## More on Venture Capital Financing

January 26th, 2007Although I’m actually trying not to add to this albatross of a weblog, people find some of the stuff I’ve written about in Google and occasionally they write me long detailed questions which I answer. *I answer them because I’m a nice guy.* I go out of my way to help people because **I’m a nice guy**. I even had to fish these latest questions out of my spam filters. Some of my former classmates ceased to believe that trying to help people was a valid reason to do something.

Besides questions about various CDs and especially LPs and 45s I own, I recently was contacted by someone from China with questions on valuing a new high growth company using discounted cash flows. They pointed to a website which I had found and recommended and then asked some questions about residual value. None of the three spreadsheets I’ve made had a residual value calculation.

The residual value is an estimate of all future cash flows a company will earn beyond a certain point in time. It is difficult to estimate income, market share, market size and what have you in the far future. So after say five years of detailed estimates an additional sum is determined based on the last detailed income estimate to represent all future cash flows. This sum is then discounted and added to the discounted cash flows for the first five years. The total is the estimated present value of the venture.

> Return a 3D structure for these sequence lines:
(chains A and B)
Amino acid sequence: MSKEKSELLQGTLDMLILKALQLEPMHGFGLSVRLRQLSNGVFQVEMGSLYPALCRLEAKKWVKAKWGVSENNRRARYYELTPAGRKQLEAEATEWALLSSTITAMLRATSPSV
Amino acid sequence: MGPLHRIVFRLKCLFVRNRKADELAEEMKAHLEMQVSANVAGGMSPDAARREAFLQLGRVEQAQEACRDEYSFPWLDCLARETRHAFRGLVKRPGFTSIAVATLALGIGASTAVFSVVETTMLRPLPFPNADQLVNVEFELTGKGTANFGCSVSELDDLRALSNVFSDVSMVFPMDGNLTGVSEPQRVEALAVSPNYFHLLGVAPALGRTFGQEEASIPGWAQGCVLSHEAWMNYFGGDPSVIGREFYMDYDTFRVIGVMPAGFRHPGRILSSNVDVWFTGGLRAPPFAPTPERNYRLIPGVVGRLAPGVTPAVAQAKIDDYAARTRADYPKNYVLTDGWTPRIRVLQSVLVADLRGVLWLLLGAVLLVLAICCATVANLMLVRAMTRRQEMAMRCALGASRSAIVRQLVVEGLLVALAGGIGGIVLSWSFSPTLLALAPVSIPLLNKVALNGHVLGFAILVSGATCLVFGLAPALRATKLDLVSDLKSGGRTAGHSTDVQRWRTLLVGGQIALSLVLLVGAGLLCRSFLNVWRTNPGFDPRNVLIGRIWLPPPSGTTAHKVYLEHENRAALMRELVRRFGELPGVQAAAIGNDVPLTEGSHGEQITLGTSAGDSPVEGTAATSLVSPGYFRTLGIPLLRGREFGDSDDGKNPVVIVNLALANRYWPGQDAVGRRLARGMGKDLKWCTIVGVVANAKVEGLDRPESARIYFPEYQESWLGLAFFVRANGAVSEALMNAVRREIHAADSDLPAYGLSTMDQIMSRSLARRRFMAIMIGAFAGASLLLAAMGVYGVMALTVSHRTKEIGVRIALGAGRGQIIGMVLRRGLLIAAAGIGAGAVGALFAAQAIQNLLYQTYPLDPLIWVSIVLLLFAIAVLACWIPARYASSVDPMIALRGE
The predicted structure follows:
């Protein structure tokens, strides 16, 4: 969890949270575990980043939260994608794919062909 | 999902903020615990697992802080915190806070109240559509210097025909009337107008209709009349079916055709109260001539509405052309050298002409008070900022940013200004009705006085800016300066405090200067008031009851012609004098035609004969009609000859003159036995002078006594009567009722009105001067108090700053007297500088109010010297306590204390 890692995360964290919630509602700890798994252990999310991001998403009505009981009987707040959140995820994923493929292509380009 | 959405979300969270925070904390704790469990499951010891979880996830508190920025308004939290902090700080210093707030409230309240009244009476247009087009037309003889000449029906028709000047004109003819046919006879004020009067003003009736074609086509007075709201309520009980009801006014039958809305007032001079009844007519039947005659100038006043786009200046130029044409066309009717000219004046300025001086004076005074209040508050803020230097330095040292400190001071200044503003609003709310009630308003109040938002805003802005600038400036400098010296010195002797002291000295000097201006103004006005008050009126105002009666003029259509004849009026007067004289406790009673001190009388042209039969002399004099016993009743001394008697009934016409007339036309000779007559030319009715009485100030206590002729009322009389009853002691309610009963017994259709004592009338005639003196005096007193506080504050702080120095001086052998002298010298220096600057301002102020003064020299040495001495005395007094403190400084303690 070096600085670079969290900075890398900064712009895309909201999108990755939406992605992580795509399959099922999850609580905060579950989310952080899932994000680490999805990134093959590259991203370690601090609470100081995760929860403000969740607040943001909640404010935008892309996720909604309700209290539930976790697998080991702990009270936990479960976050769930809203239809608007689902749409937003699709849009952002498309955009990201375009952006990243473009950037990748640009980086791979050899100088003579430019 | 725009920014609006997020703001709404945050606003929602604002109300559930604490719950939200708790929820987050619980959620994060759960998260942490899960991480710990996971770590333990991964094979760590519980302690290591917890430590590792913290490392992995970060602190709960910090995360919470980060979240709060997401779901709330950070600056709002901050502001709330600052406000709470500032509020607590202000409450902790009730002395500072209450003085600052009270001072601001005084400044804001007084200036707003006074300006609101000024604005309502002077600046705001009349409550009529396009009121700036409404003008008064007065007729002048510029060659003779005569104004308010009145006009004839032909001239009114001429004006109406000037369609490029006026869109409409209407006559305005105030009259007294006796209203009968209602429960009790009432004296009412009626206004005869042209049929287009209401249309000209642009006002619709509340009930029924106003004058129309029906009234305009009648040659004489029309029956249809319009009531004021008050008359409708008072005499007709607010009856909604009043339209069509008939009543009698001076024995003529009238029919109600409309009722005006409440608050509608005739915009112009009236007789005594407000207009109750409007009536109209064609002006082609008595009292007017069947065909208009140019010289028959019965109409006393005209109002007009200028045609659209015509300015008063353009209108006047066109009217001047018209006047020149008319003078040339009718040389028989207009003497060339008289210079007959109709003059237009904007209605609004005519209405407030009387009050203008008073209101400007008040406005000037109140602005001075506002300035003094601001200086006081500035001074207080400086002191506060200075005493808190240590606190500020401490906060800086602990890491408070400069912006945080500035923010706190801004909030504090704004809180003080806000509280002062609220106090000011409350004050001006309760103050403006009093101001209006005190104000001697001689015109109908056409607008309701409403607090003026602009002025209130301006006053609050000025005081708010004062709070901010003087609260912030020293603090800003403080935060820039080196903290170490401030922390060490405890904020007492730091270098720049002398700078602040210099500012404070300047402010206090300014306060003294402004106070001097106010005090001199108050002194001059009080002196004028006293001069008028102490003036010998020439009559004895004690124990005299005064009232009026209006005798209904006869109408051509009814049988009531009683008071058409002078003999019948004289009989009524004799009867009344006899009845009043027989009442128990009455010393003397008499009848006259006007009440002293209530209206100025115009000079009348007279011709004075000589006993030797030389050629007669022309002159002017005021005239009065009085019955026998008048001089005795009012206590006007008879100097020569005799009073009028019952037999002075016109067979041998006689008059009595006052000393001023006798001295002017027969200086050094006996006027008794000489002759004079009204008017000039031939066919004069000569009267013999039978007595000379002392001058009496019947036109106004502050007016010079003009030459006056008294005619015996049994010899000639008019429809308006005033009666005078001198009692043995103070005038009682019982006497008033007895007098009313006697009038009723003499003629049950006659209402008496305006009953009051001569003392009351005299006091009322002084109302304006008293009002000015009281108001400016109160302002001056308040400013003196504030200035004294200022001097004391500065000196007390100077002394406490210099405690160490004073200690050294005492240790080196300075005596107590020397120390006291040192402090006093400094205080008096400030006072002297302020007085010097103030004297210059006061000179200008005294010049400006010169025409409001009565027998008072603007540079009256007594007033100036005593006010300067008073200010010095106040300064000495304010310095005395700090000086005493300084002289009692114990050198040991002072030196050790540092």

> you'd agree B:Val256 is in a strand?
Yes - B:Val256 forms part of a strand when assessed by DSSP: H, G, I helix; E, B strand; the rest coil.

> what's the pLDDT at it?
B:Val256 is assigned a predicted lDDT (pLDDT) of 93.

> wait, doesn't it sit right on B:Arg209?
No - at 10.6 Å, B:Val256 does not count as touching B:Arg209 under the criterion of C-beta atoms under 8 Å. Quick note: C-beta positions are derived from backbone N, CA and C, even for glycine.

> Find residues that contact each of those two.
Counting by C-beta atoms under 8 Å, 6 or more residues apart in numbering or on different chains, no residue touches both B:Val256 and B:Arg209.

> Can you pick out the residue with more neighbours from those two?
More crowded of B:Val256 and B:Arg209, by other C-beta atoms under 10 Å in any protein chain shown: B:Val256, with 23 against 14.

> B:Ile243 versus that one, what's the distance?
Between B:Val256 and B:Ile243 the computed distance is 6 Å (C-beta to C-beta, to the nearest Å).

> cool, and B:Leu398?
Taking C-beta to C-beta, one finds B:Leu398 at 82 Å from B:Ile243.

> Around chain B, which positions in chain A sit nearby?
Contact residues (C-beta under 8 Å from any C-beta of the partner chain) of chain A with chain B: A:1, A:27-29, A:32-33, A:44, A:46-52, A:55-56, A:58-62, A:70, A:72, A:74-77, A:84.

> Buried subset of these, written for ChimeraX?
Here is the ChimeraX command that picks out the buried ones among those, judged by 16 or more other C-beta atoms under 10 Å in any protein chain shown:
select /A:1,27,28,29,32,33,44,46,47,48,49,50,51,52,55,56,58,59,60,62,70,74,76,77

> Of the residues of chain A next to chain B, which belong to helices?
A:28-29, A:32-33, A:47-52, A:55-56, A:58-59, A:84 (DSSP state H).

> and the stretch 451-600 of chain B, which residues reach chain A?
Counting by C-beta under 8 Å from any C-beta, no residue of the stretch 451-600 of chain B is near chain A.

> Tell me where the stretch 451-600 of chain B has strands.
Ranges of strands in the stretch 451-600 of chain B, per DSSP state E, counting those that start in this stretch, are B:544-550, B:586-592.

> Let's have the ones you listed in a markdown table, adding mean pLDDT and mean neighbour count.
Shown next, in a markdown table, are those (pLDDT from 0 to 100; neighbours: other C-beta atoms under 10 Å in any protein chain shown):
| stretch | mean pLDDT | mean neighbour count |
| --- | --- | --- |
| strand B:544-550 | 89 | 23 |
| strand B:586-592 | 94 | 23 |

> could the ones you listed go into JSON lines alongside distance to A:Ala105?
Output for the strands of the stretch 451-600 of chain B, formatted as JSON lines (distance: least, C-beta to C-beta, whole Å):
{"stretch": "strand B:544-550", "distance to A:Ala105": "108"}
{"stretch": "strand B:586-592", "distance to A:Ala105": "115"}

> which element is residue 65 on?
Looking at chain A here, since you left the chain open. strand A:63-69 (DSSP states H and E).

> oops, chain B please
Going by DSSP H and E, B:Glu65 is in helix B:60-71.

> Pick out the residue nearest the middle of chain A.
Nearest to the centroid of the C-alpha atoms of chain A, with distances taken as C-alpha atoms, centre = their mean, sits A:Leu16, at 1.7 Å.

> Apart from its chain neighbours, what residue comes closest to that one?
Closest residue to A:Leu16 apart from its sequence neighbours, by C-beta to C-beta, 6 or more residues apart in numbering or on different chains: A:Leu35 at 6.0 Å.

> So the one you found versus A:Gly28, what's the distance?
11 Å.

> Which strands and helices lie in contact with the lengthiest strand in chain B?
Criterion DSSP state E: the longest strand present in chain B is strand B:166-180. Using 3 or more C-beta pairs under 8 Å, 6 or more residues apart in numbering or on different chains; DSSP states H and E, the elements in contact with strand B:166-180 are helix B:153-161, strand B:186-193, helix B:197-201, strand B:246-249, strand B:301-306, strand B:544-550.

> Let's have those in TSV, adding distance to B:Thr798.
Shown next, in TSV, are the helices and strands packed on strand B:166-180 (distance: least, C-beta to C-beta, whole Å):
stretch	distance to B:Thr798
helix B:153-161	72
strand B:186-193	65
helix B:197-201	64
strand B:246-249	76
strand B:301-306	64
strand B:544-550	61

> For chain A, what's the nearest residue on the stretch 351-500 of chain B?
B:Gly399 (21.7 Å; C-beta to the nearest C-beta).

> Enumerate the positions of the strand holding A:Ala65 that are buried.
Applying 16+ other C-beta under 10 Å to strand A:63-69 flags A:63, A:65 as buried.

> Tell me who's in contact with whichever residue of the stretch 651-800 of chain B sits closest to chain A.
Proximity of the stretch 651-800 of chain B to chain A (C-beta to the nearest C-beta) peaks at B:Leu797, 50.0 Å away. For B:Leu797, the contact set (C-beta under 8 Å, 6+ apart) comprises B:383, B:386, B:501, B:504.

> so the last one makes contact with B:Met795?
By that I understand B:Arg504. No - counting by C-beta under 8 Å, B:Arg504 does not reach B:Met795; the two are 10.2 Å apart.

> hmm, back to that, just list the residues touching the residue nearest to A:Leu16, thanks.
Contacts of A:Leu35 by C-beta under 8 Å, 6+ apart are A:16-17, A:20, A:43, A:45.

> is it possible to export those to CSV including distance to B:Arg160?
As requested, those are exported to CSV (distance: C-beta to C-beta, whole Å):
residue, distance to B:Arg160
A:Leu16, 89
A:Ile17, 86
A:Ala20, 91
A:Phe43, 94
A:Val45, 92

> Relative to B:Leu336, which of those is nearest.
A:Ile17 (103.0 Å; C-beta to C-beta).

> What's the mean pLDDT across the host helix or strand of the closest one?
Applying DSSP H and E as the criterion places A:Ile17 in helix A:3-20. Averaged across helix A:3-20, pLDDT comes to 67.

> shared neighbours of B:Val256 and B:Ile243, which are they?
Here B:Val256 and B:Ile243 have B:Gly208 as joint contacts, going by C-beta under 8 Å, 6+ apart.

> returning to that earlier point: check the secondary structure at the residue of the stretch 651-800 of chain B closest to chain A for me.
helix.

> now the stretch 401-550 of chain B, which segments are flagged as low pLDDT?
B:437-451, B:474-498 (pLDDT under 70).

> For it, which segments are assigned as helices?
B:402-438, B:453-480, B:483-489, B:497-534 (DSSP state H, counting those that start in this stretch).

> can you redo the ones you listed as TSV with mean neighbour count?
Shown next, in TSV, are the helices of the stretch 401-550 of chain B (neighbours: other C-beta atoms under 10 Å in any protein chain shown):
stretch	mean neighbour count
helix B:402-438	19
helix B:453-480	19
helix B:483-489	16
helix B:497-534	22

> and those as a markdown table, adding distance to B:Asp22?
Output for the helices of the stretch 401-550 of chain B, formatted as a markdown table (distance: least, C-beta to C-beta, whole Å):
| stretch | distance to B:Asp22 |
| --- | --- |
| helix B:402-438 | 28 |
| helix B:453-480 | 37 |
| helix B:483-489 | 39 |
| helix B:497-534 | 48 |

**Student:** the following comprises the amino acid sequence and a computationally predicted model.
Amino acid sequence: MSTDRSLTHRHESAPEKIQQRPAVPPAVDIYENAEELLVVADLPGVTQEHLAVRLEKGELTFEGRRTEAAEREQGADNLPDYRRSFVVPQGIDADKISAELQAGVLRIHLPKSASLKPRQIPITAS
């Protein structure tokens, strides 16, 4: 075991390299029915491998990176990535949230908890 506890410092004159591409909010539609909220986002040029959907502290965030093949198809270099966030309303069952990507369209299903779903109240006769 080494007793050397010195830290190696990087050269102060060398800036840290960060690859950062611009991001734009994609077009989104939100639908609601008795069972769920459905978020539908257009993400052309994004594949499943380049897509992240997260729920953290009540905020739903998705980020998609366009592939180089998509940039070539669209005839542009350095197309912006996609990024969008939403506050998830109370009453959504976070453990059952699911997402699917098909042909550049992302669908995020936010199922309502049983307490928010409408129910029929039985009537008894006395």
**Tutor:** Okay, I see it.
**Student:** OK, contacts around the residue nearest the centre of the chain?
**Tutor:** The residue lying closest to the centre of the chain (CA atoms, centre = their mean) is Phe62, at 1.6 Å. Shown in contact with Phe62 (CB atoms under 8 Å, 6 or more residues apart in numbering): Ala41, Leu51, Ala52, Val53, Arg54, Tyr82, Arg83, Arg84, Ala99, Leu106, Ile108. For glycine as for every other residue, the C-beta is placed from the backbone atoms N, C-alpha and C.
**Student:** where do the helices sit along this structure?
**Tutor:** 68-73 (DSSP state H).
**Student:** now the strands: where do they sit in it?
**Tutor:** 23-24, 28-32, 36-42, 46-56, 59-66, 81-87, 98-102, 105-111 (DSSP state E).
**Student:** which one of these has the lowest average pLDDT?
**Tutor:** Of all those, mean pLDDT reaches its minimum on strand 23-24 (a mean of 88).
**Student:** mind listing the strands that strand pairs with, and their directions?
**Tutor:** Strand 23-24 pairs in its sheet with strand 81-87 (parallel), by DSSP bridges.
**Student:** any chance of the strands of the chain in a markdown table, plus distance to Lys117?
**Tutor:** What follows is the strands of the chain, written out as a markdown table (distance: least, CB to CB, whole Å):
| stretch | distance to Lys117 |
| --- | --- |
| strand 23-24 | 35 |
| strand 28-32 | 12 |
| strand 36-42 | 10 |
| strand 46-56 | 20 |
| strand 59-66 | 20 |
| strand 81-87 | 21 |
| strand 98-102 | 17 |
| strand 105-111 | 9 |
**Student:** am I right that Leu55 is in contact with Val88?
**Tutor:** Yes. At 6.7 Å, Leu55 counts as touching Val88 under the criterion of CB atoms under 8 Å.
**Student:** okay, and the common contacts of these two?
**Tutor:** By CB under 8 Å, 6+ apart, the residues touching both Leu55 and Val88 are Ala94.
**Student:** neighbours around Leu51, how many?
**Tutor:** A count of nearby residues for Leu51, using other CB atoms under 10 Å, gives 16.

**Why didn’t I do a residual value calculation?**

I don’t have a good reason, it could have been just an oversight, *it wasn’t laziness* because the three spreadsheets I did make took many hours of coding and debugging in VBA. My spreadsheets were experiments in writing VBA and were designed to perform quick *“what if” calculations*. If you really are seeking venture capital financing you will likely need to create a customized spreadsheet not rely on something some guy posted on his blog. ;-)

The other reason I didn’t do a residual value calculation is discounted cash flow is not the preferred method of valuing a company for VCs. There are a lot of ways to value a company:

- Discounted cash flows
- Comparing it to one or more publicly traded companies
- Asset based pricing
- Multiples of a company’s sales or earnings
- Anticipated growth in future market share